NEW YORK (
) -- I once heard a saying that I will never forget: "The raised nail gets hammered." It's true. When I see the big boys flying above the radar, they are often targets for the small fish swimming around, wishing they could be "like Mike" (i.e., Michael Jordan).
In today's culture of risk and reward, we all have our mentors. Whether it's Michael Jordan, Tiger Woods, Lance Armstrong, Warren Buffett, Bill Gates or Donald Trump.
Sometimes our mentors take risks and soar, becoming larger than life. Other times, they lose focus and make some bad bets.
That's the case with Tiger Woods and Lance Armstrong. Both legendary athletes became holistic, and the risks they took weren't measured by integrity, but by ego. In other words, the bets they took were driven more by self worth than by net worth.
Now Donald Trump is in the news.
New York Attorney General Eric Schneiderman has filed a $40 million lawsuit against the legendary real estate developer. The state is contending that Trump defrauded students who paid thousands of dollars to learn the tricks of the development trade at seminars given by one of Trump's namesake businesses, Trump Entrepreneur Initiative (formerly Trump University).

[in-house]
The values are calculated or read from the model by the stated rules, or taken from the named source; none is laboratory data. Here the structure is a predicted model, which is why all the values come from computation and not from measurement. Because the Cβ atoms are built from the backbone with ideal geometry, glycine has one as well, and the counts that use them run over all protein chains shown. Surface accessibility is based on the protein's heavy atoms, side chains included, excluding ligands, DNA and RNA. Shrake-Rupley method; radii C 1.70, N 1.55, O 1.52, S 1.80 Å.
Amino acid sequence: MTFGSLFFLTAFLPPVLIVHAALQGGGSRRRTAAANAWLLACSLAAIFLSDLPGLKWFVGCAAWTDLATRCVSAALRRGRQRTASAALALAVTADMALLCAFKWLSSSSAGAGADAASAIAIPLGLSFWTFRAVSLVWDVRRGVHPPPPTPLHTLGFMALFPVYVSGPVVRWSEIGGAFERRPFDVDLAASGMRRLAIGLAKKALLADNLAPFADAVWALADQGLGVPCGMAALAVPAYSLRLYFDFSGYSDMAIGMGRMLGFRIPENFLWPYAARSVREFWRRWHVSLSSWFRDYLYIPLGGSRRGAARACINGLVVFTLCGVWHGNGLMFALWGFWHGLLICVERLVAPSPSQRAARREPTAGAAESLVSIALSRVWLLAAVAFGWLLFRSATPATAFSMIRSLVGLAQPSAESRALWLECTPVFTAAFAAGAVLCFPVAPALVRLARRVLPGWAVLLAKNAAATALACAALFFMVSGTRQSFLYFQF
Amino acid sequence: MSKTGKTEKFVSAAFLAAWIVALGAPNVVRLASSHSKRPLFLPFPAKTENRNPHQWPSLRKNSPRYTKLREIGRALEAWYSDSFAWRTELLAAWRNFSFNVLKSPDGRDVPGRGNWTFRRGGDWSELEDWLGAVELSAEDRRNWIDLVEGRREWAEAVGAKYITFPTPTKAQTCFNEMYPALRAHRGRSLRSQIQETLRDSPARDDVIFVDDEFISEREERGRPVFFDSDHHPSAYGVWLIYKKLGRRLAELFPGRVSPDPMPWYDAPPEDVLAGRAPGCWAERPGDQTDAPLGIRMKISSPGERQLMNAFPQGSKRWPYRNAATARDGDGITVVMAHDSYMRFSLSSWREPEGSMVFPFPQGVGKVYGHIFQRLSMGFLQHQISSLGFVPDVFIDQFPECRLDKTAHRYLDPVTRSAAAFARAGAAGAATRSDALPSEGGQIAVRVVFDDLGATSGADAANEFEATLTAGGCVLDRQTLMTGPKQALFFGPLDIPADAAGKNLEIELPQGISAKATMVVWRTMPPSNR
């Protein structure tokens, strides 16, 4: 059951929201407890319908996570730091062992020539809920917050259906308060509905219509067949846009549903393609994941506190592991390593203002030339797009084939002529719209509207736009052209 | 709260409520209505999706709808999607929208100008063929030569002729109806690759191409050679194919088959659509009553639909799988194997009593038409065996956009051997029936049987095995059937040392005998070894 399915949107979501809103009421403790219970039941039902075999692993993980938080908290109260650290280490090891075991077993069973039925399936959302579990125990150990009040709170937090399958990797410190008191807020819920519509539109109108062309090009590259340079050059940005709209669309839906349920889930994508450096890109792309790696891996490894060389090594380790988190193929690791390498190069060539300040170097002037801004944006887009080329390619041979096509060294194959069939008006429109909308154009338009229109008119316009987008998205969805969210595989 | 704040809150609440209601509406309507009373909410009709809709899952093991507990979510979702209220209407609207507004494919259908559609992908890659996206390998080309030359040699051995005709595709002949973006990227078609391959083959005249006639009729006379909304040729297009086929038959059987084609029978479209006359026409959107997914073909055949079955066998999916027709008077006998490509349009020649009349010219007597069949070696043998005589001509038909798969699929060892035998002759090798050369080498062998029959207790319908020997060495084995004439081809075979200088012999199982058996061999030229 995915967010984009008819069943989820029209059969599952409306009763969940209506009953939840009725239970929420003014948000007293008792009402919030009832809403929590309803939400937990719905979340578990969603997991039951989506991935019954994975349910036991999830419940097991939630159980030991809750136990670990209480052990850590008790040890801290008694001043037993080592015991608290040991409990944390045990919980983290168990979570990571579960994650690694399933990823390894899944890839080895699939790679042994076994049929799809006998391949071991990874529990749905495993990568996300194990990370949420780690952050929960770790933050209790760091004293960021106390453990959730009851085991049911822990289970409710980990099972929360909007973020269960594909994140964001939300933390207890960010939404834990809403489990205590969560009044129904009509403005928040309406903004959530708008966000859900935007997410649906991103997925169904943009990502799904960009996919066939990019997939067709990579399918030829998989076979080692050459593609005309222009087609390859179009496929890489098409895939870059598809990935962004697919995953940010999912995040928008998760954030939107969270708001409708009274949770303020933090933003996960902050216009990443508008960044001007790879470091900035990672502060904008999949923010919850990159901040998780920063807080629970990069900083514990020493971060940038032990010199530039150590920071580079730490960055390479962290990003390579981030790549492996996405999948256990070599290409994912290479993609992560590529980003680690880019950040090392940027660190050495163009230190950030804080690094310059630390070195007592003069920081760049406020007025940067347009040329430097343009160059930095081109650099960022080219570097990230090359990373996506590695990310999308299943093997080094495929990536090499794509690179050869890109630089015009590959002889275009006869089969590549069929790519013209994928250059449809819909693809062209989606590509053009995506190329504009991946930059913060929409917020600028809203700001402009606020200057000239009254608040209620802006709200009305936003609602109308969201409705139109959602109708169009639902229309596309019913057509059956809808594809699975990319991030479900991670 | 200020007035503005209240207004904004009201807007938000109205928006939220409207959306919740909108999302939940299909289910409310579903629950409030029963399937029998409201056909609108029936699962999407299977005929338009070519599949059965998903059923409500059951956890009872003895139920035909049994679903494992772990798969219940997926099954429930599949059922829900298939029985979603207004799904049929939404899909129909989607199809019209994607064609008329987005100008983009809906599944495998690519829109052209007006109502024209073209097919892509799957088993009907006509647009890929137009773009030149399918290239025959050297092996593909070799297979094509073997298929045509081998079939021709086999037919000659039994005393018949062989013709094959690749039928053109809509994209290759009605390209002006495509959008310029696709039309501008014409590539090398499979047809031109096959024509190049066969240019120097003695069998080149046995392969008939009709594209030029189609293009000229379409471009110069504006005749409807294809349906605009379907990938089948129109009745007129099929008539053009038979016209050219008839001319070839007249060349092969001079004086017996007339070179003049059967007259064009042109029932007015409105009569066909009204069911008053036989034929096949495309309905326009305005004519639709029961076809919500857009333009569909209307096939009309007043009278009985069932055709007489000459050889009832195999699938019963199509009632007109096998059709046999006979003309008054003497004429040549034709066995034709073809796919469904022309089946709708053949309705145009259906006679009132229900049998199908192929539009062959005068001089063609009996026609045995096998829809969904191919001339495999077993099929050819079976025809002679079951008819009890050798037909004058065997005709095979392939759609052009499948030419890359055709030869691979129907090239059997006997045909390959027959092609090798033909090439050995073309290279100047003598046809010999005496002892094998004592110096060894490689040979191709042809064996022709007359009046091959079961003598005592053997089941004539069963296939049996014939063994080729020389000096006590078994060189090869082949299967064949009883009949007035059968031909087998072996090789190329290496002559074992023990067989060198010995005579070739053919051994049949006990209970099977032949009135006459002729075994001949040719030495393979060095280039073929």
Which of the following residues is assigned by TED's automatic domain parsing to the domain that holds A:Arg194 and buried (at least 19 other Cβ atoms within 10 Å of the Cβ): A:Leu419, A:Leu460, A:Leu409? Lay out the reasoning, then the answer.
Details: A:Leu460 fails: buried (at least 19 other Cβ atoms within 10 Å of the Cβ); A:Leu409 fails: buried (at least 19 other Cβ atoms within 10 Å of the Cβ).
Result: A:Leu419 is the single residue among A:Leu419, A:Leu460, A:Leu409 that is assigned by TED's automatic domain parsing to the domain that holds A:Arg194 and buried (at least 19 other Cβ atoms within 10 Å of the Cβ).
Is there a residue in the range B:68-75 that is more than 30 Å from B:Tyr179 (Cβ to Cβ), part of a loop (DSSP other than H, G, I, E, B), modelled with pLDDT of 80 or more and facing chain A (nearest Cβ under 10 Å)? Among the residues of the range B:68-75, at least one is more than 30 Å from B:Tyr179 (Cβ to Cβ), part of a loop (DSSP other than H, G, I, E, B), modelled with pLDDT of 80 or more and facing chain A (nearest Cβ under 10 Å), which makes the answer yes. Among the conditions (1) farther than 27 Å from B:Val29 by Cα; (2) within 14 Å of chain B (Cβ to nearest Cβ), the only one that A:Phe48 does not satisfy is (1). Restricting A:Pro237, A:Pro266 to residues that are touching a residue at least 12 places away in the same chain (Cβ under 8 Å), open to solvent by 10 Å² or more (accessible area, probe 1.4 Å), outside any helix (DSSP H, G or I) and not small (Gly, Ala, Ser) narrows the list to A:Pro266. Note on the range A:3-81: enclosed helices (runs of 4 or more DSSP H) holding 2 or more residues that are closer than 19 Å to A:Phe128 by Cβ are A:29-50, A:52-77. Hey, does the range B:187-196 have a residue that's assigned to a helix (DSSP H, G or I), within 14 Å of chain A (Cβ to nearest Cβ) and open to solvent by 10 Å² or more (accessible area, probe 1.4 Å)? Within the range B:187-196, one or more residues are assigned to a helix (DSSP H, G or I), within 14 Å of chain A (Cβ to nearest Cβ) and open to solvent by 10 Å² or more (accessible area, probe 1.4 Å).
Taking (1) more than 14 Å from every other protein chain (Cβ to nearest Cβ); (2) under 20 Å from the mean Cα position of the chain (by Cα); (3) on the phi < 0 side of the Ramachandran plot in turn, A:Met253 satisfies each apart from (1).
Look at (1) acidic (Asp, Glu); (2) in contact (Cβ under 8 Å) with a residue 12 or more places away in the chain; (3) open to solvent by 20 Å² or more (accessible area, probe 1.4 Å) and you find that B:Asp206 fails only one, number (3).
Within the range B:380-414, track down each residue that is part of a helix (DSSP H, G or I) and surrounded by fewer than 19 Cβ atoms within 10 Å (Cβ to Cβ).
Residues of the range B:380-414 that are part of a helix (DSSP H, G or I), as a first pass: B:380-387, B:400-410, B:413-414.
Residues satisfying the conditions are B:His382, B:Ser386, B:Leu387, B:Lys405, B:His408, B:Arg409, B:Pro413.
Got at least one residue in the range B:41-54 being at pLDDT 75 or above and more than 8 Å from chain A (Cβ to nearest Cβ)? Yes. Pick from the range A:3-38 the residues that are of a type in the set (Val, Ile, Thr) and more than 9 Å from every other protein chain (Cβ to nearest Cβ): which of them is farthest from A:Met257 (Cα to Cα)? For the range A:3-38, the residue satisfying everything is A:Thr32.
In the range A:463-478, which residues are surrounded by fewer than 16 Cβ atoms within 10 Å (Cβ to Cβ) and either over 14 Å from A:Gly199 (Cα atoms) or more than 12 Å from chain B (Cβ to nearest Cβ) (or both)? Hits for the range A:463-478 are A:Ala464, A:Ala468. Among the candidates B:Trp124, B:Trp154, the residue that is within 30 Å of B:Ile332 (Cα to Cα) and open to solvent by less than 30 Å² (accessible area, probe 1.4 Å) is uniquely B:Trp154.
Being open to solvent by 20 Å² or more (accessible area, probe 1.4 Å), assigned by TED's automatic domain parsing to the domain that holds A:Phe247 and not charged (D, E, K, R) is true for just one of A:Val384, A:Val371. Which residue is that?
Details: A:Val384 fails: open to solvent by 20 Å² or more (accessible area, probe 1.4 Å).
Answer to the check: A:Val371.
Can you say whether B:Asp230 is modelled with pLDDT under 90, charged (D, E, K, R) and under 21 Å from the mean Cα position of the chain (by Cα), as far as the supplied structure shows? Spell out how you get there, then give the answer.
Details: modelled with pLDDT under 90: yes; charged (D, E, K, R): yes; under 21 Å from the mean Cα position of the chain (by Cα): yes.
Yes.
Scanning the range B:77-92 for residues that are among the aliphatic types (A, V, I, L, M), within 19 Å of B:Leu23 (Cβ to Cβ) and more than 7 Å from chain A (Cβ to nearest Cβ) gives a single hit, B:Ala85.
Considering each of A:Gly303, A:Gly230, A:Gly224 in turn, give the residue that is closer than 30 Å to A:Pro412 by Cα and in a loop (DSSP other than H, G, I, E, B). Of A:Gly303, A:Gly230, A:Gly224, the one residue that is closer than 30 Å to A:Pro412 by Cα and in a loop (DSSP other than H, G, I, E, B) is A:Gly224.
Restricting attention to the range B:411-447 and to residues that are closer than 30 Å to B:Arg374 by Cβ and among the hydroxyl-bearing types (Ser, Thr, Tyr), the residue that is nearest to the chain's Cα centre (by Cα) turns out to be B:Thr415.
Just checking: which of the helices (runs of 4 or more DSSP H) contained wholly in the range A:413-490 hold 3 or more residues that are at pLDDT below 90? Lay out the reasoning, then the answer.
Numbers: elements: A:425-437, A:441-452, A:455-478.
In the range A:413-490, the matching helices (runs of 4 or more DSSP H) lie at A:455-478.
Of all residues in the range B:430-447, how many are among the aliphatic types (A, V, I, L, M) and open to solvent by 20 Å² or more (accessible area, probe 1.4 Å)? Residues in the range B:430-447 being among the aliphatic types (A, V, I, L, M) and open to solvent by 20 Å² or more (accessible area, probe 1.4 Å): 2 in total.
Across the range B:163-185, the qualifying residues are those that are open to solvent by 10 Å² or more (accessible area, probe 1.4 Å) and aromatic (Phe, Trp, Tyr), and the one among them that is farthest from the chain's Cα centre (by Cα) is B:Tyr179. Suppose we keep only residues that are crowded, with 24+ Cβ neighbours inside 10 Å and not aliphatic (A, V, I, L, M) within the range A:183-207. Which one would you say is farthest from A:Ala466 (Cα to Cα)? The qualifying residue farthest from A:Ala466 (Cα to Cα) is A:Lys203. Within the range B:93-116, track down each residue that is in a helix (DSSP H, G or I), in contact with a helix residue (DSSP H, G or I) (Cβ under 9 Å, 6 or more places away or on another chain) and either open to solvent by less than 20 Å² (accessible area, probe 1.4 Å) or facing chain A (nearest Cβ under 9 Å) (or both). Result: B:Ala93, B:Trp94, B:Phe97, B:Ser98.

So what was Trump doing that caused the state to sue him? After all, he is already rich, so why would the legendary developer intentionally defraud 5,000 students?
Well, according to the lawsuit, students were steered into purchasing expensive and useless seminars, hoping they would grow rich like Trump.
Trump says that most of the students were satisfied with the education and he boasts that the school has a 98% approval rating. According to a Trump-originated Web site (98percentapproval.com), Trump students had "overwhelming satisfaction with the program."
The program, which has no actual campus, offers a three-day real estate investment seminar that costs $1,495, a "Trump elite" package for $10,000 and a personal mentorship for up to $35,000.
Trump maintains that he could settle the $40 million lawsuit, but according to a
interview, Trump said, "I didn't want to settle the lawsuit, on principle. The school is a great school, and it's really a shame."